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Miramax: a shadow of its former self

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Today’s announcement that Disney Studios will be significantly downsizing its indie division Miramax came as little surprise to those in Hollywood. The mini-major that had once been the gorilla of the independent film business under the tutelage of Harvey and Bob Weinstein has been seen as the next likely target for Disney CEO Bob Iger, who surprised everyone last month with the shock firing of studio chief Dick Cook. Now Miramax, which has been run by president Daniel Battsek for the last four years, will only release three films a year, as opposed to the 6-8 mandated for the division previously. The biggest hit to the industry will come from the loss of jobs. Disney plans to lay off as many as 50 people of Miramax’s 70-person staff by January. It’s not clear what divisions those will come from but considering Disney intends to market and distribute Miramax’s few annual releases through its parent company, the majority of the losses are likely to come from those two departments. The indie business has been suffering for some time and the loss of jobs are unlikely to be absorbed in this shrinking business.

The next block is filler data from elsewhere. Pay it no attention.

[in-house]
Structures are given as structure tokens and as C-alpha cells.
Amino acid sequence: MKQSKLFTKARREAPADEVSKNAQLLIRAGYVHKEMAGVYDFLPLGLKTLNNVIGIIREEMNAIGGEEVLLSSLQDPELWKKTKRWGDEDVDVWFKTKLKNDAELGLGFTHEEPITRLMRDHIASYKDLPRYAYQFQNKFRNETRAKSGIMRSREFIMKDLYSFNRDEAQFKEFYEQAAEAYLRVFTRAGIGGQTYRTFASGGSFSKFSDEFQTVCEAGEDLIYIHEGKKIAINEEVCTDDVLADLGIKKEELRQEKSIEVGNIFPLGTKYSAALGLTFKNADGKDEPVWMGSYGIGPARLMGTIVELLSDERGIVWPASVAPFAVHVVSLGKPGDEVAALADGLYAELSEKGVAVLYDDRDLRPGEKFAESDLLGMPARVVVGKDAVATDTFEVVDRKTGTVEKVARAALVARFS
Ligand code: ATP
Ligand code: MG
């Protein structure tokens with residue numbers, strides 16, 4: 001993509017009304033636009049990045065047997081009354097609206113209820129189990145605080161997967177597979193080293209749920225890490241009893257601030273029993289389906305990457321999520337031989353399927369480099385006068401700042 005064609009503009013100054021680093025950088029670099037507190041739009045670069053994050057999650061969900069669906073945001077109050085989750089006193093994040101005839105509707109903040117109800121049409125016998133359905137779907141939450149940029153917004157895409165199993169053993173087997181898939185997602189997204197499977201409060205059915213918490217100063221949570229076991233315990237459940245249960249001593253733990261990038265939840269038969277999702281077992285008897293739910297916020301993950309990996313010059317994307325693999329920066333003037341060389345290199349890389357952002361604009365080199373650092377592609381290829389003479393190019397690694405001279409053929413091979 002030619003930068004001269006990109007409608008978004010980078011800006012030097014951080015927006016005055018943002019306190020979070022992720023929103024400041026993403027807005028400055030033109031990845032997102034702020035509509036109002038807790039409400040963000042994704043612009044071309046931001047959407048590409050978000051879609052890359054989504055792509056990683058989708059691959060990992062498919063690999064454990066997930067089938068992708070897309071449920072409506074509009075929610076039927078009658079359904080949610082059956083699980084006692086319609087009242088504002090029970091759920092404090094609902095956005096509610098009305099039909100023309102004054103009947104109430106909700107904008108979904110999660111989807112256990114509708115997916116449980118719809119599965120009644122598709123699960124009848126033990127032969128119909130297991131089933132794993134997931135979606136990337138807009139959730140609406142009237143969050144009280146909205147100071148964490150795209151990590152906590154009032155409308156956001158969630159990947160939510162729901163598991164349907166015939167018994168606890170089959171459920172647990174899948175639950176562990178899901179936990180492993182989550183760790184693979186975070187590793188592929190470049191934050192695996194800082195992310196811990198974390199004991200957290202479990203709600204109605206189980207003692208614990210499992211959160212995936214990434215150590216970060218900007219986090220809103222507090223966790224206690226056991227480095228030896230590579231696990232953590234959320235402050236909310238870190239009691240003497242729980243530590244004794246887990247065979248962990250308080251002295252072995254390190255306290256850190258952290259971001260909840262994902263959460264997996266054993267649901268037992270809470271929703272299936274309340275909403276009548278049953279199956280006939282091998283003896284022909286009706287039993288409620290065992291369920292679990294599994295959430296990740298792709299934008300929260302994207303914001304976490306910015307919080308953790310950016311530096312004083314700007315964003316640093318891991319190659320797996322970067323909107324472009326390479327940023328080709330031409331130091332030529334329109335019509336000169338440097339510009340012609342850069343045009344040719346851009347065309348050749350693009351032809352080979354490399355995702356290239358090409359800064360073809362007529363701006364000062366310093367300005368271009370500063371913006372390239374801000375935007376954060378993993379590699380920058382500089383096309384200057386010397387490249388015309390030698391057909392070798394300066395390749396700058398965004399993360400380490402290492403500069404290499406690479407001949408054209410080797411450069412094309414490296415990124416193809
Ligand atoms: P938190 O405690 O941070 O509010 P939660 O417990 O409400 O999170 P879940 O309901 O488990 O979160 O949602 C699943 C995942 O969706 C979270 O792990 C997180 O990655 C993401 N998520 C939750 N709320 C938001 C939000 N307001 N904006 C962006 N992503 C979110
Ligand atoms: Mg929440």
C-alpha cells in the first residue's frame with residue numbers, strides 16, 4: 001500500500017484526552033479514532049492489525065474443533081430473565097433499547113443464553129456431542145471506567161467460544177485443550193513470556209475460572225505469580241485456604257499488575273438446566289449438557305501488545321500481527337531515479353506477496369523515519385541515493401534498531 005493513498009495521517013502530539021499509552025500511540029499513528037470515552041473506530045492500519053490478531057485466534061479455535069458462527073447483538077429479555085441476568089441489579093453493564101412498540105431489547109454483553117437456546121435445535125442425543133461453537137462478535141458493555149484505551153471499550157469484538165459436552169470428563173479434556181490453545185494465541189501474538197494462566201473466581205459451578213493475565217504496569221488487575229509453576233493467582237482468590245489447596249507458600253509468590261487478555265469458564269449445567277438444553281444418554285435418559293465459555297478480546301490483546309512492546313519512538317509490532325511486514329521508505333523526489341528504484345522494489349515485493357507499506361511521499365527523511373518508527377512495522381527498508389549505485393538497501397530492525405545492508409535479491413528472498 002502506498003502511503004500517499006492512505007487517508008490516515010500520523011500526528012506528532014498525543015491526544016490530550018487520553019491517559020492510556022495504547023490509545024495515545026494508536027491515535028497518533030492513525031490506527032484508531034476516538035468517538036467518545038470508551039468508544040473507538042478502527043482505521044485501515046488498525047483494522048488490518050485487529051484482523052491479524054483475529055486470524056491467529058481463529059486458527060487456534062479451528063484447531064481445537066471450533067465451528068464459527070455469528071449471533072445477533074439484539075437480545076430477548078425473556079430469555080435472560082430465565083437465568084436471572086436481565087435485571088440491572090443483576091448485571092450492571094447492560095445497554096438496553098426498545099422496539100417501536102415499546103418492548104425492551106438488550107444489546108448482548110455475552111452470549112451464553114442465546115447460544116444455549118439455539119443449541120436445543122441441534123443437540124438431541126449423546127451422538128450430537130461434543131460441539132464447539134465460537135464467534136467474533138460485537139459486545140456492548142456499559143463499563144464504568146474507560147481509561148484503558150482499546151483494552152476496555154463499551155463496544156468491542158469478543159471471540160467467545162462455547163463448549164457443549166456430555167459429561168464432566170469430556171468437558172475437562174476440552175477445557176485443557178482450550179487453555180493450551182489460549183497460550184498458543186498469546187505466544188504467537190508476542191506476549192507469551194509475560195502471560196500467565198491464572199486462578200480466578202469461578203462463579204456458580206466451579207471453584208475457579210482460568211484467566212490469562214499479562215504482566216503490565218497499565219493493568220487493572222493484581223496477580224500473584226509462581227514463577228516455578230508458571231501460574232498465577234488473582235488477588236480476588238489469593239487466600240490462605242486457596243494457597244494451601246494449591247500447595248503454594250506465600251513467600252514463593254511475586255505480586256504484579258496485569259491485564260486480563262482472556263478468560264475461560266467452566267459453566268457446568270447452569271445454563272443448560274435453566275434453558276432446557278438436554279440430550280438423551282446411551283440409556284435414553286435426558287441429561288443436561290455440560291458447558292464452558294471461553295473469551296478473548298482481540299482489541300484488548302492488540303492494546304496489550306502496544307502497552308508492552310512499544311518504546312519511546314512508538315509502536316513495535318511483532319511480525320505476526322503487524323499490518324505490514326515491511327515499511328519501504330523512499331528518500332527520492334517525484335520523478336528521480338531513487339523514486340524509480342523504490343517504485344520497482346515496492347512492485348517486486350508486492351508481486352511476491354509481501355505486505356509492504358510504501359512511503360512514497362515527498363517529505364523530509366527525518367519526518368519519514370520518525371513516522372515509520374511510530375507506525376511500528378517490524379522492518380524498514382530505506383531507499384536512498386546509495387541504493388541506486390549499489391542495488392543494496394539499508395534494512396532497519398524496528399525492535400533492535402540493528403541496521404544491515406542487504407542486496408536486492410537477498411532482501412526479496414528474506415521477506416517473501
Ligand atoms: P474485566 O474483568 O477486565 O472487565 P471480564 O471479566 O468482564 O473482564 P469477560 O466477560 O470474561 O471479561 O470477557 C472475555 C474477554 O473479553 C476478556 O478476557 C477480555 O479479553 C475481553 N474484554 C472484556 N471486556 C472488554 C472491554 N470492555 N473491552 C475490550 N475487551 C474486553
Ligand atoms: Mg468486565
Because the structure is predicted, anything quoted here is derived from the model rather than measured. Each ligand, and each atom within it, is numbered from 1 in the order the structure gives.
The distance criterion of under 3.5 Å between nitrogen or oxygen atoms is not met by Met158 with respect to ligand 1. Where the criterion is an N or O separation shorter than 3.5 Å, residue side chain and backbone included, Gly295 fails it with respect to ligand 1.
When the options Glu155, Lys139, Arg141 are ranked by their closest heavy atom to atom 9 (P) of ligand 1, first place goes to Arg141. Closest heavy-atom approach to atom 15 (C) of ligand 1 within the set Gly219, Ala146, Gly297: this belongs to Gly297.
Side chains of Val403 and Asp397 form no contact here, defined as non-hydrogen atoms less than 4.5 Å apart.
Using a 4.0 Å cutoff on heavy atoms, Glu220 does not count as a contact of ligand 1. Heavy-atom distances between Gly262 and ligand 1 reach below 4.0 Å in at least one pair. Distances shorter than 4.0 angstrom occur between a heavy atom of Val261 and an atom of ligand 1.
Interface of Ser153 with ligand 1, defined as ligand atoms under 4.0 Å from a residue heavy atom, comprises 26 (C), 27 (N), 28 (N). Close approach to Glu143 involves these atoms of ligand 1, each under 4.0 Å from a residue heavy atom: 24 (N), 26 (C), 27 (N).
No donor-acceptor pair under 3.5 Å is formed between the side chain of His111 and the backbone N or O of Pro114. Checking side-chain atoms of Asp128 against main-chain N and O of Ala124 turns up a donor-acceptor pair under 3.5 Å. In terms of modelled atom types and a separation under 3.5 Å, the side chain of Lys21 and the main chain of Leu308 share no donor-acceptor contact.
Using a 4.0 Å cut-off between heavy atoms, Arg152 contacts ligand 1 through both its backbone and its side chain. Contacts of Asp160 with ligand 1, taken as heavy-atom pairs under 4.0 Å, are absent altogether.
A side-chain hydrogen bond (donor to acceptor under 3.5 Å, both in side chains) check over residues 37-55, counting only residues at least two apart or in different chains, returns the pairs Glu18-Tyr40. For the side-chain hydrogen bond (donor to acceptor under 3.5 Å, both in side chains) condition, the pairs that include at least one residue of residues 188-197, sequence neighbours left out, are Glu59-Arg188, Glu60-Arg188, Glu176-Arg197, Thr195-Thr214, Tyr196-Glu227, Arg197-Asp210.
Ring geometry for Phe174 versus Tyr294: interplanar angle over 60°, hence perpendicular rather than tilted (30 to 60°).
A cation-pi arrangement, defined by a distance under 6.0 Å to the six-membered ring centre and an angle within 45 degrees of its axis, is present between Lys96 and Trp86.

Miramax was purchased from the Weinsteins back in 2005, and for some time it looked like the new regime was holding on to the old  Weinstein magic. It scored big financially and at Oscar time with No Country for Old Men, and even though the Daniel Day Lewis-starrer There Will Be Blood was an expensive film, it earned the studio an Oscar for Daniel Day-Lewis. This past year Doubt was nominated for five Academy Awards but only grossed $33.4 million. Few of Miramax’s latest releases have connected with audiences, or critics, at the box office. Of its recent films, Adventureland, Cheri and Mike Judge’s comedy Extract, none have grossed more than $16 million. The studio just opened the Clive Owen-starring drama The Boys are Back in six theaters. It has grossed $69,000. The company’s next film, the Robert DeNiro-starrer Everybody’s Fine will open on Dec. 4.

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